By Jacob Katel
By Karli Evans
By Jose D. Duran
By Pablo Chacon Alvarez
By Kat Bein
By Abel Folgar
By Laurie Charles
Much has been made of preacher's son Michael D'Angelo Archer's roots in his Richmond, Virginia, Pentecostal church. On his long-awaited sophomore effort, Voodoo, D'Angelo himself makes a great deal of the connections between the charismatics of the church and the ancient channeling arts of West Africa. He even uses this vision as a platform for castigating many of his R&B and hip-hop contemporaries in the album's extensive liner notes. Indeed he gets away with this self-righteousness because the record has a deep, earnest funkiness that's rare even in the most critically acclaimed retro soul of our time.
But of at least equal importance, D'Angelo's search for the soul of his music has led him to the most unifying secret of American music. This “holy ghost” music also connects him to the integrated birth of the Pentecostal Church at the turn of the last century. It was a time when black-white relations in the United States were at their nadir, lynchings at an all-time high, and, yet, a movement of poor white and black Southerners erupted out of an intense shared experience with what was believed to be the Holy Ghost. The birth of this new church brought the races together around a musical experience at once sacred and profane. This spiritual contradiction to racism in this nation foreshadowed the rise of this music's secular form, rock and roll, half a century later.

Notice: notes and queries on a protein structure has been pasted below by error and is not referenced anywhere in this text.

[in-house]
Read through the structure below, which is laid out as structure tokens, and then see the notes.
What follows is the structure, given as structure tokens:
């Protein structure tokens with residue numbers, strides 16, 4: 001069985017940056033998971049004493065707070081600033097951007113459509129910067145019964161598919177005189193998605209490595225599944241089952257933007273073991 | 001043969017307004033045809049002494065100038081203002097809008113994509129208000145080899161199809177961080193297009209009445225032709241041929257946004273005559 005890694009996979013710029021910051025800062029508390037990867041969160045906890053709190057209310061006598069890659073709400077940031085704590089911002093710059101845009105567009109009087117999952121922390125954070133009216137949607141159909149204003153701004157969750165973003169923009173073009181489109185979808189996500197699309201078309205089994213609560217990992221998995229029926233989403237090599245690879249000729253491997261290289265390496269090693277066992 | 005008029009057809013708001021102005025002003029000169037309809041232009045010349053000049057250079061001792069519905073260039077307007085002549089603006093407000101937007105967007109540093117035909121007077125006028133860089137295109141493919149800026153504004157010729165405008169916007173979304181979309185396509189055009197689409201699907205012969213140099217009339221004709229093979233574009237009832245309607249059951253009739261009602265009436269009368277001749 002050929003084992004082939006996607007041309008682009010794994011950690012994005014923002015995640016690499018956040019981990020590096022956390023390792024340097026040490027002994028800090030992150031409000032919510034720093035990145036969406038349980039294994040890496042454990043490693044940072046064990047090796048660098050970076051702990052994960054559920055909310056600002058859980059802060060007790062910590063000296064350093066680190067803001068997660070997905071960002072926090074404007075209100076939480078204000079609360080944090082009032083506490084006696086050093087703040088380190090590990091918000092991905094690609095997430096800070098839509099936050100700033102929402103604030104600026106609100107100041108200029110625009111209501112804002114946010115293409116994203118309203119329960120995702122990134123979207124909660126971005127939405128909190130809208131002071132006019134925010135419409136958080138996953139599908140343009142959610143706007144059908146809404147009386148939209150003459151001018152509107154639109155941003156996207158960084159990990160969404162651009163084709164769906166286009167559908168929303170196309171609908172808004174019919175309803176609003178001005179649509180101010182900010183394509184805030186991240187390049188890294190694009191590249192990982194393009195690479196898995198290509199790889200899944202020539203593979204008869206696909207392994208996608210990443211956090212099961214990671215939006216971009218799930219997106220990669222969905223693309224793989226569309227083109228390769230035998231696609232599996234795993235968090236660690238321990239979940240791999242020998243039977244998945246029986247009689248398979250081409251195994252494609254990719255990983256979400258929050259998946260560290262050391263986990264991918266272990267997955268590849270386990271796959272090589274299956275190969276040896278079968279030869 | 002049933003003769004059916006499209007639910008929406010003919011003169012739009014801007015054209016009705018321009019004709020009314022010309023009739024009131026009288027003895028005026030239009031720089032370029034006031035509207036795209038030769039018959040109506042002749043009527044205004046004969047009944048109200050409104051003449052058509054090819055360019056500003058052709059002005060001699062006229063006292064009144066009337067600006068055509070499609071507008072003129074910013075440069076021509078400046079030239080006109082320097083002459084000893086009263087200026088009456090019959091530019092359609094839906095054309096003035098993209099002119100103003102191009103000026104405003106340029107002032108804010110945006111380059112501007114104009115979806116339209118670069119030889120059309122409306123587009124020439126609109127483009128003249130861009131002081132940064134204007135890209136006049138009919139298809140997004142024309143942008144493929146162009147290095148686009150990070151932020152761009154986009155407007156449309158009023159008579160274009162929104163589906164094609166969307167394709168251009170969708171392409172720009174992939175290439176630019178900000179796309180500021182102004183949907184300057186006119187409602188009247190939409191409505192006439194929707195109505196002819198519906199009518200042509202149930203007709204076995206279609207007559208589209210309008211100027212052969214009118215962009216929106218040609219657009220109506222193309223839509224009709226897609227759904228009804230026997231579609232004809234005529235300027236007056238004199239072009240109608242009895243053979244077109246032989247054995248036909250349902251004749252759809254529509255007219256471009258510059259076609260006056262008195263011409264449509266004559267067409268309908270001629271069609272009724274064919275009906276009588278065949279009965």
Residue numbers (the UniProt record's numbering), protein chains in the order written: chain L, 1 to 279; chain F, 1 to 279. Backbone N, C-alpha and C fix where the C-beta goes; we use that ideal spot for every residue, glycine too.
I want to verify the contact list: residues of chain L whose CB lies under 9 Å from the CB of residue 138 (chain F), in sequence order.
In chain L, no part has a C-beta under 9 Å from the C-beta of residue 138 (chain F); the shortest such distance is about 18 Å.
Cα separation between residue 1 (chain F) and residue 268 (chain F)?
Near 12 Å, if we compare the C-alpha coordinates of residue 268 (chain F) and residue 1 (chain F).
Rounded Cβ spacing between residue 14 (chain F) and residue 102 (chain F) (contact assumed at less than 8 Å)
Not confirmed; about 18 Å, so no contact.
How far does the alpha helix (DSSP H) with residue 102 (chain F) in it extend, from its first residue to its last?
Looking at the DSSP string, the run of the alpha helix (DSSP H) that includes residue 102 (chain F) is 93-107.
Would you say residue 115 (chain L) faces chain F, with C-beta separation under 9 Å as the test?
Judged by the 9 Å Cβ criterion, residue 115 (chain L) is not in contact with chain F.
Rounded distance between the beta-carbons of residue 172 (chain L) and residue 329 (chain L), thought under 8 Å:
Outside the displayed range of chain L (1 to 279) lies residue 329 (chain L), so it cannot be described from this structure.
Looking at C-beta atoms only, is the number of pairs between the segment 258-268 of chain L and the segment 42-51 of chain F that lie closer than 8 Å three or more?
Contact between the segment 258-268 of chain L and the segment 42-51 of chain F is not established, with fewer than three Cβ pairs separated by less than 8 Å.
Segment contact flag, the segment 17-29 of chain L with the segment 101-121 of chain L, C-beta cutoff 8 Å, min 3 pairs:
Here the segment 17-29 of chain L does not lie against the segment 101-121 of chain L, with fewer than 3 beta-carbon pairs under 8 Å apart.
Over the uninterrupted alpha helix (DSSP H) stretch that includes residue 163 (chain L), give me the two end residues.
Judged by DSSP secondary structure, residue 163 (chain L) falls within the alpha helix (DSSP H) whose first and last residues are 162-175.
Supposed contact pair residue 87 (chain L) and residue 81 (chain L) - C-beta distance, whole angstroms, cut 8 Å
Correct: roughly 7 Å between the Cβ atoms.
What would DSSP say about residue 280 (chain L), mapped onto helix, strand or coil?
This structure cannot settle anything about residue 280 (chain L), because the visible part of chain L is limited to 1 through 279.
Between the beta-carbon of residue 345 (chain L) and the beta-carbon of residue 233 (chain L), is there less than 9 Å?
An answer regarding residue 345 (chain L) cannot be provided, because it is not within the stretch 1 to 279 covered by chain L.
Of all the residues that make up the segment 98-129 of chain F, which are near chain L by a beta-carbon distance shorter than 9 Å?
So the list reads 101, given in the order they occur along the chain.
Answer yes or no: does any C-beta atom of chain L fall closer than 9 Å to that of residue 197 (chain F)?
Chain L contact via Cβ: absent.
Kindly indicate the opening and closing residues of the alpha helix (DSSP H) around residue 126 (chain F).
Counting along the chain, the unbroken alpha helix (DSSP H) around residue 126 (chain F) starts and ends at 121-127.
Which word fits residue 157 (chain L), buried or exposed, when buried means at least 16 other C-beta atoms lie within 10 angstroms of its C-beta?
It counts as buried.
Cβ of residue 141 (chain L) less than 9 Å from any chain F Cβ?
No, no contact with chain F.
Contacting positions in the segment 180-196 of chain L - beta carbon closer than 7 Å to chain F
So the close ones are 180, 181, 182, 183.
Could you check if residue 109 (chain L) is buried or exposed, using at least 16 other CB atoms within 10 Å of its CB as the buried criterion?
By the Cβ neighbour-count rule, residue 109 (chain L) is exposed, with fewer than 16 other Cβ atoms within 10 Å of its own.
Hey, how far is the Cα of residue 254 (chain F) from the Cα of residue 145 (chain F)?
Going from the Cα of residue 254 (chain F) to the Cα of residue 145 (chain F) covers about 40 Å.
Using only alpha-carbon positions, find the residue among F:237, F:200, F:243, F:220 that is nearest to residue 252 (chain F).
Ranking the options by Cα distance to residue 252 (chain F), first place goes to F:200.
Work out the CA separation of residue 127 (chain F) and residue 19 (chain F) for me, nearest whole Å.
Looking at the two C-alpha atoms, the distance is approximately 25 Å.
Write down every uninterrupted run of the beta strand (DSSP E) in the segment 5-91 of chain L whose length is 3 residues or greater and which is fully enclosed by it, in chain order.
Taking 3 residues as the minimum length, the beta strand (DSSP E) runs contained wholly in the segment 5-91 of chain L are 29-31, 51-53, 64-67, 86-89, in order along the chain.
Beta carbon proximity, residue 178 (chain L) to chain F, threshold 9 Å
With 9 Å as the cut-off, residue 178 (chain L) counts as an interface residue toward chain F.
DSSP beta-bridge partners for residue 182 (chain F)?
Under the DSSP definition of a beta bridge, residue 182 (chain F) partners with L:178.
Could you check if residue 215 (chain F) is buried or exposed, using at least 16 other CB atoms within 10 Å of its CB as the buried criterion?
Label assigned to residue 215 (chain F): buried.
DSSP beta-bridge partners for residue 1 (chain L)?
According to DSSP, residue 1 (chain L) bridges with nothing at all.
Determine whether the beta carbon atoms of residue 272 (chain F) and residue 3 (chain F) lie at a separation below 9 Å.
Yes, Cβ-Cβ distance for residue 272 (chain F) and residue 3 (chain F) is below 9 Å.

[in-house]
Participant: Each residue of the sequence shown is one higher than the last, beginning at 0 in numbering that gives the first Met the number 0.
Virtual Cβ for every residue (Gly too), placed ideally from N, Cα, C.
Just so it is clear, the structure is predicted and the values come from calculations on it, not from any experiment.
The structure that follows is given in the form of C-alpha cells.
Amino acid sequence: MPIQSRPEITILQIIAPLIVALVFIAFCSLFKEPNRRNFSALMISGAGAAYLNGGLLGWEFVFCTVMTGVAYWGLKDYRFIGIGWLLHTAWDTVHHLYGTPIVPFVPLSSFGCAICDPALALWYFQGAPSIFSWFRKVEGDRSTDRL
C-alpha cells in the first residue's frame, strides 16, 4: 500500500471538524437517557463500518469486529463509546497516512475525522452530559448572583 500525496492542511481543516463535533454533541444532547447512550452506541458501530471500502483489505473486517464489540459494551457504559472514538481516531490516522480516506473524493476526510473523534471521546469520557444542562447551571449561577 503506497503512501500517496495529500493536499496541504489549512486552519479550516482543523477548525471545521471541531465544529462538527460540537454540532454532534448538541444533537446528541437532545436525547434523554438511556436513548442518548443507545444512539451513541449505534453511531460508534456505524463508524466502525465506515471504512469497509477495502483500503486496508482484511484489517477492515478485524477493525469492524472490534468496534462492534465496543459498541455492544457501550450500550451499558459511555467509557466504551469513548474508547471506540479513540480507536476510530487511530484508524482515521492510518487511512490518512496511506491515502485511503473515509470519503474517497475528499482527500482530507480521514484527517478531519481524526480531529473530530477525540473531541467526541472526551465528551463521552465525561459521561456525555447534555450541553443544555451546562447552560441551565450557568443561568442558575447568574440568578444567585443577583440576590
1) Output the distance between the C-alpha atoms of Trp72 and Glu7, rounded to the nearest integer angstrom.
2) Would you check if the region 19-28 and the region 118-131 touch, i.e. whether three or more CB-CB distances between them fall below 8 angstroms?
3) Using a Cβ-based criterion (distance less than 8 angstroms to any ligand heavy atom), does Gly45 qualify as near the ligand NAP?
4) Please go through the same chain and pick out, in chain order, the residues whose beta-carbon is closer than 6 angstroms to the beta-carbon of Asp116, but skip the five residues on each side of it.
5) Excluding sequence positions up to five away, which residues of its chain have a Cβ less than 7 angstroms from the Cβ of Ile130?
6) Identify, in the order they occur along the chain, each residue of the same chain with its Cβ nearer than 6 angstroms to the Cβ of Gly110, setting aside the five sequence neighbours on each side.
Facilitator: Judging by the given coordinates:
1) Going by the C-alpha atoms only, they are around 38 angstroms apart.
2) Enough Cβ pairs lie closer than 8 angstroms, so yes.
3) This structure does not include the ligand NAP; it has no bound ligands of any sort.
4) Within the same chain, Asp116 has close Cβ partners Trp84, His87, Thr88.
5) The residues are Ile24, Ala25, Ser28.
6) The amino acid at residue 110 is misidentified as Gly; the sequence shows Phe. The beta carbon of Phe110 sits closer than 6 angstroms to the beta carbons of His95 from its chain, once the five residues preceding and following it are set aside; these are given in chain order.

So while listeners can't help but hear D'Angelo's affection for Prince in his simmering funk balladry, it is important to consider that D'Angelo does more than imitate his most direct influence; rather, he takes the synthesis Prince handed us back to his own roots, roots born from the same soil as the greatest American music. After all, while comparisons with Sly Stone and Marvin Gaye also are inescapable, the music D'Angelo most often calls to mind is the early Seventies sound of Al Green. On those records future reverend Green's incredible voice all but takes second stage to the throbbing, yet artfully controlled bass of Leroy Hodges and drums of Al Jackson and Howard Grimes. The intensity of Green's albums broils out of and maintains an uneasy quiet, and D'Angelo's new music works much the same way, his growls and falsettos grounded by the quaking earth below. Although this minimalist approach to soul fits nicely with the contemporary funk being churned out by the likes of Aaliyah and Toni Braxton and the best hip-hop of the Wu-Tang Clan and even Eightball and MJG, its roots go straight back to that church, where foot-stomping, hand-clapping, rumbling organ, and rattling tambourine are enough to awaken and subdue any wandering spirit that may alight.
While D'Angelo's first album featured much the same synthesis of musical styles, 1995's Brown Sugar was less focused, celebrating love and getting high and taking only one dark turn at a moment of betrayal. After the birth of his son and his breakup with the child's mother (singer and sometime-collaborator Angie Stone), Voodoo carries a deepened sense of joy and pain. The D'Angelo who debuted in 1995 certainly wasn't half-steppin' with his enormous talents, but after a baptism by fire (and, it would be safe to assume, a good deal of self-doubt), the D'Angelo of 2000 takes each step with more assurance and a stronger sense of direction. Songs such as “Greatdayndamornin'” are about despair so deep it takes a leap of faith simply to wait for the sun to rise.
No wonder D'Angelo's live shows have been called “seductive,” “magical,” and “hypnotic.” With a ten-piece band rumbling through this Voodoo's dark conjuring before climaxing with the first album's homicidal “Sh*t, Damn, Motherf*cker,” this is a show with demons in its sights. But this music also is about fighting down those demons, and “Chicken Grease,” “Jonz in My Bonz,” and “Lady” aim for nothing short of redemption.